3. I believe part of the recent surge in the desire to do "real" stuff with our "hands" is driven by the digital thinness we're wrapped in. Conferences like Do Lectures, new shops selling pickles in Brooklyn, woodsy digital refuges. It feels like there's a renewed momentum around craft and physicality. All circumstantial, of course, and perhaps just a product of my generation getting sick of screens.
  4. Of course, this is mainly an interface problem. That is to say — printing stuff out isn't the only way to draw edges, combat the feeling of thinness, or help us keep digital data in perspective. Collating and printing is just one kind of interface with which to attack this problem. Higher resolution screens with smarter design solutions can and should also help us solve this problem.
  5. http://www.artagogo.com/commentary/christo/christo.htm
  6. http://www.christojeanneclaude.net/major_umbrellas.shtml
  7. http://www.christojeanneclaude.net/major_umbrellas.shtml
  8. This is why great project managers are so critical — their job is to keep the entirety of the production process in view, both the long-before and the long-after our now. They are masters at framing all the intangibility of a software project into something with clear edges, and making sure all the pieces — front and back-end engineering, design, marketing, etc — are all moving at the right speed, at the right place within the context of this greater whole. Kind of like a rally car co-driver.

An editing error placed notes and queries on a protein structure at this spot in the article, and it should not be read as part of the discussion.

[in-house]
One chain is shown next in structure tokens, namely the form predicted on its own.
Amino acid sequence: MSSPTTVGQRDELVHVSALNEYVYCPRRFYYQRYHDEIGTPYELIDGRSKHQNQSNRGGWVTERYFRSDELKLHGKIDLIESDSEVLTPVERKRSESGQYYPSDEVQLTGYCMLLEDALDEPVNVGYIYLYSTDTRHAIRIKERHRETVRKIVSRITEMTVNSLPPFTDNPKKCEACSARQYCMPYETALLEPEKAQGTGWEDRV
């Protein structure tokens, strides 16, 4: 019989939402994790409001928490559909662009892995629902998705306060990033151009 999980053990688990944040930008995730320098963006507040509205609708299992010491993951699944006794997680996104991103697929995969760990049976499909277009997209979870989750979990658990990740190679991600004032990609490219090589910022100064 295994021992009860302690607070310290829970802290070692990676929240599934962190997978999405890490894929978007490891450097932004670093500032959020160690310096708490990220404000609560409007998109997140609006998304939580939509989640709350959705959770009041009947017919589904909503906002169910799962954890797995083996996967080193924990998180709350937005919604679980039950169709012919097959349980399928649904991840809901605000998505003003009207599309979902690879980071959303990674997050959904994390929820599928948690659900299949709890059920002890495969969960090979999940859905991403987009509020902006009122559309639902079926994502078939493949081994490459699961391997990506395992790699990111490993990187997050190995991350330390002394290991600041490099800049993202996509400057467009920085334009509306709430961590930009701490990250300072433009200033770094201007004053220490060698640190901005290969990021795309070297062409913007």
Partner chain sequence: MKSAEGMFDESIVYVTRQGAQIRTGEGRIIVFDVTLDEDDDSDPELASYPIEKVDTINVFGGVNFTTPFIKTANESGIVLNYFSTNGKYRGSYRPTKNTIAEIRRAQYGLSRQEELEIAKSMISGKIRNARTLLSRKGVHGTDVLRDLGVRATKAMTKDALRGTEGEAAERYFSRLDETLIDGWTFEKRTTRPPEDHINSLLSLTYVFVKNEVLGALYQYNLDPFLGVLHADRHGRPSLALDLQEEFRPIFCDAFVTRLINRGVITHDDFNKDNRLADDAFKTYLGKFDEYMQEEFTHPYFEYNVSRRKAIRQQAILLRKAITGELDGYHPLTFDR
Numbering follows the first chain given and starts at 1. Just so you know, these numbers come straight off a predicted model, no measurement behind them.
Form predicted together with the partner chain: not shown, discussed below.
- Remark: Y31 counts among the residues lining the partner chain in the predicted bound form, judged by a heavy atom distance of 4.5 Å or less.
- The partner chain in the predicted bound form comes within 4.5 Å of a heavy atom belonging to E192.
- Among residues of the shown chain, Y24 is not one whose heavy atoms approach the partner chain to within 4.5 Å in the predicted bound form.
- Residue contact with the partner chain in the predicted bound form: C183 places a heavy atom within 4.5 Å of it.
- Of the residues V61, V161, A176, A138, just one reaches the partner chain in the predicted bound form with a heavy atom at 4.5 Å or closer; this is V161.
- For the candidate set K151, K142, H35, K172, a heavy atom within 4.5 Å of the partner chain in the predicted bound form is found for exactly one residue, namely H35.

9. Excerpts from their letters: Letters to an Editor, The New Yorker, 2007
  10. The full edit of the Beginners text is available on newyorker.com: "Beginners," Edited: The transformation of a Raymond Carver classic., The New Yorker, 2007
  11. Being Raymond Carver, The New Yorker
  12. The Real Carver: Expansive or Minimal?, Motoko Rich, The New York Times, October 17, 2007
  13. Based off of Etherpad which was acquired by Google in 2009, open sourced and the original site shutdown. http://en.wikipedia.org/wiki/Etherpad
  14. Paul originally linked to the article on his blog. You can see the original 'performance' on Stypi (nice URLs!). And read the reactions to the piece here on Graham's own Hacker News.
  15. Again — one of the qualities we're benefitting from in printing these out is resolution and size. If we have paper-resolution screens (like the 2012 iPad) at a larger size, then I think we can achieve aspects of the experience we get from printing it out on paper.
  16. git log --pretty=format:'%h %an %ai %s' {{{first_commit_hash}}}..HEAD --reverse > everything.txt :: More on hacking git logs.